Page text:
The Middle East has never had a similar catharsis. In fact, the nations created by the Europeans had characteristics similar to those in Europe pre-Westphalia, including the cult of personality necessary to rule disparate groups. The Arab Spring and ISIL may be starting a similar process; unfortunately, this may also trigger a long conflict in a manner similar to the Thirty Years War. If this is the context of what is evolving in the Middle East, we are looking at a significant and long-term increase in regional turmoil that will have global implications. In fact, we would expect outside powers to attempt to prevent the process from reaching a catharsis because of the short-term costs. However, the only alternative may be returning to the rule of the strongmen and their cults of personality. This option may no longer be possible.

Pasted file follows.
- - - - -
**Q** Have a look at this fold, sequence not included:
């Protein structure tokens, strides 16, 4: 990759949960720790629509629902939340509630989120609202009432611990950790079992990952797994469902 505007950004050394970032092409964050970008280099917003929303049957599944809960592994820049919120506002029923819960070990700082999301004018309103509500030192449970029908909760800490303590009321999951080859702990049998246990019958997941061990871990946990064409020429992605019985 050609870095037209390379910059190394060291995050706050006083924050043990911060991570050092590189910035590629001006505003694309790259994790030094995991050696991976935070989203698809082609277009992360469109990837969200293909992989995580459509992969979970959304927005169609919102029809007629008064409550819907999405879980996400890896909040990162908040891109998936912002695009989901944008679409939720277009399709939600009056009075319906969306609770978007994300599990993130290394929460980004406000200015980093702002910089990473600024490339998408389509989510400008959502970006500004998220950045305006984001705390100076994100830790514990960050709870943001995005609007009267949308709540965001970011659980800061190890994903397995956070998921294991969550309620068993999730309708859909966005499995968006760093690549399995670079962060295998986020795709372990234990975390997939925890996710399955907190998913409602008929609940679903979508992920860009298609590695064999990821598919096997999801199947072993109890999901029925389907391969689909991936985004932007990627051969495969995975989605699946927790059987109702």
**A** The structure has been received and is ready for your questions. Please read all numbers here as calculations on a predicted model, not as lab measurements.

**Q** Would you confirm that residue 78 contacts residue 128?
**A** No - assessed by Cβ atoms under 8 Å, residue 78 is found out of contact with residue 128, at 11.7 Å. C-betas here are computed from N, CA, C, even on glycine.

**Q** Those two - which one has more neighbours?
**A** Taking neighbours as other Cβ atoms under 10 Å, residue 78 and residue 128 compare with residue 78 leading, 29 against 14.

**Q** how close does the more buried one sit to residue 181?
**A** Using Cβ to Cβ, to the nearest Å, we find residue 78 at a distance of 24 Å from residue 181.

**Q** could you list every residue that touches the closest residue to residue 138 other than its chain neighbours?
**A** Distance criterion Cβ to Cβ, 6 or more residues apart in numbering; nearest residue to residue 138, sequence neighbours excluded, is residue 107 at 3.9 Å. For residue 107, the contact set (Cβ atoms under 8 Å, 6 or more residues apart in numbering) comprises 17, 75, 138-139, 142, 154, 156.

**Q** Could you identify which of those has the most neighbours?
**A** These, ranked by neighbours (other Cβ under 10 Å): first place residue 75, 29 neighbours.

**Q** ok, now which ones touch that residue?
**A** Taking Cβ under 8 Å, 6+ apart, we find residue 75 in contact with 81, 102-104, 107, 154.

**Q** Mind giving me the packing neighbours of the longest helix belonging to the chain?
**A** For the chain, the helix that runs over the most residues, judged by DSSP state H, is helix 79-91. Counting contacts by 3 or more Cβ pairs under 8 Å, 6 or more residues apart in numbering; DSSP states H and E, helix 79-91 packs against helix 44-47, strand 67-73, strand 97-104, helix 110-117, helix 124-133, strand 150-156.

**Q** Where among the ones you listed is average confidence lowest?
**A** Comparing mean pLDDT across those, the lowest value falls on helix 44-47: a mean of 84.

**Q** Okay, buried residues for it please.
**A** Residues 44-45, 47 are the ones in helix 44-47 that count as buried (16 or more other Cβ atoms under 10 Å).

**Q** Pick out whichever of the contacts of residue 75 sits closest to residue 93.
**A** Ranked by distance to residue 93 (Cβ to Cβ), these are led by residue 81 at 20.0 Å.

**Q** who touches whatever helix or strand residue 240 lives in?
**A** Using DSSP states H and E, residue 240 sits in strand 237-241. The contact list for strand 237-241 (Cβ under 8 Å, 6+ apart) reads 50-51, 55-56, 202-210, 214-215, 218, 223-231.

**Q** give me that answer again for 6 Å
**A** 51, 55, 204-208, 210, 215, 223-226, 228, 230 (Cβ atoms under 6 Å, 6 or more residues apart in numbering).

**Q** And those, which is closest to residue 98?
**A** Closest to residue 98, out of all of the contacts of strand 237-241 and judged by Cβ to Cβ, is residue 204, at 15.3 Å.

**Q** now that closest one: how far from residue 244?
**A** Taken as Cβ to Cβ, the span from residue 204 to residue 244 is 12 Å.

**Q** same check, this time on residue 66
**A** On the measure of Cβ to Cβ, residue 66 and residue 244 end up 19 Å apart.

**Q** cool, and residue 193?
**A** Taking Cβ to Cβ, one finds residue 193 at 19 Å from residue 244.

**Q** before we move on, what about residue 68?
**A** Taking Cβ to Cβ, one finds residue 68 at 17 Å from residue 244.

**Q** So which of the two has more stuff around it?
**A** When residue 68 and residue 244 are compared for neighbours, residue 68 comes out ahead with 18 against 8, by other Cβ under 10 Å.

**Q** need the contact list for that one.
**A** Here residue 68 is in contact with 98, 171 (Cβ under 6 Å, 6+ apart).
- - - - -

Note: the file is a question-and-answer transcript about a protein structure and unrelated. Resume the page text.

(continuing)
The most obvious beneficiary of the turmoil in the region is oil prices. Energy-consuming industries, such as airlines, may be under some pressure from elevated oil prices. Russian assets will likely benefit as well due to the rise in oil prices and the distraction that the ISIL situation will provide, allowing Putin to solidify his gains in Eastern Europe.
If war becomes persistent in the Middle East, the defense industry should also benefit. And finally, risk assets, such as Treasuries, the dollar and precious metals, should also find support.
June 23, 2014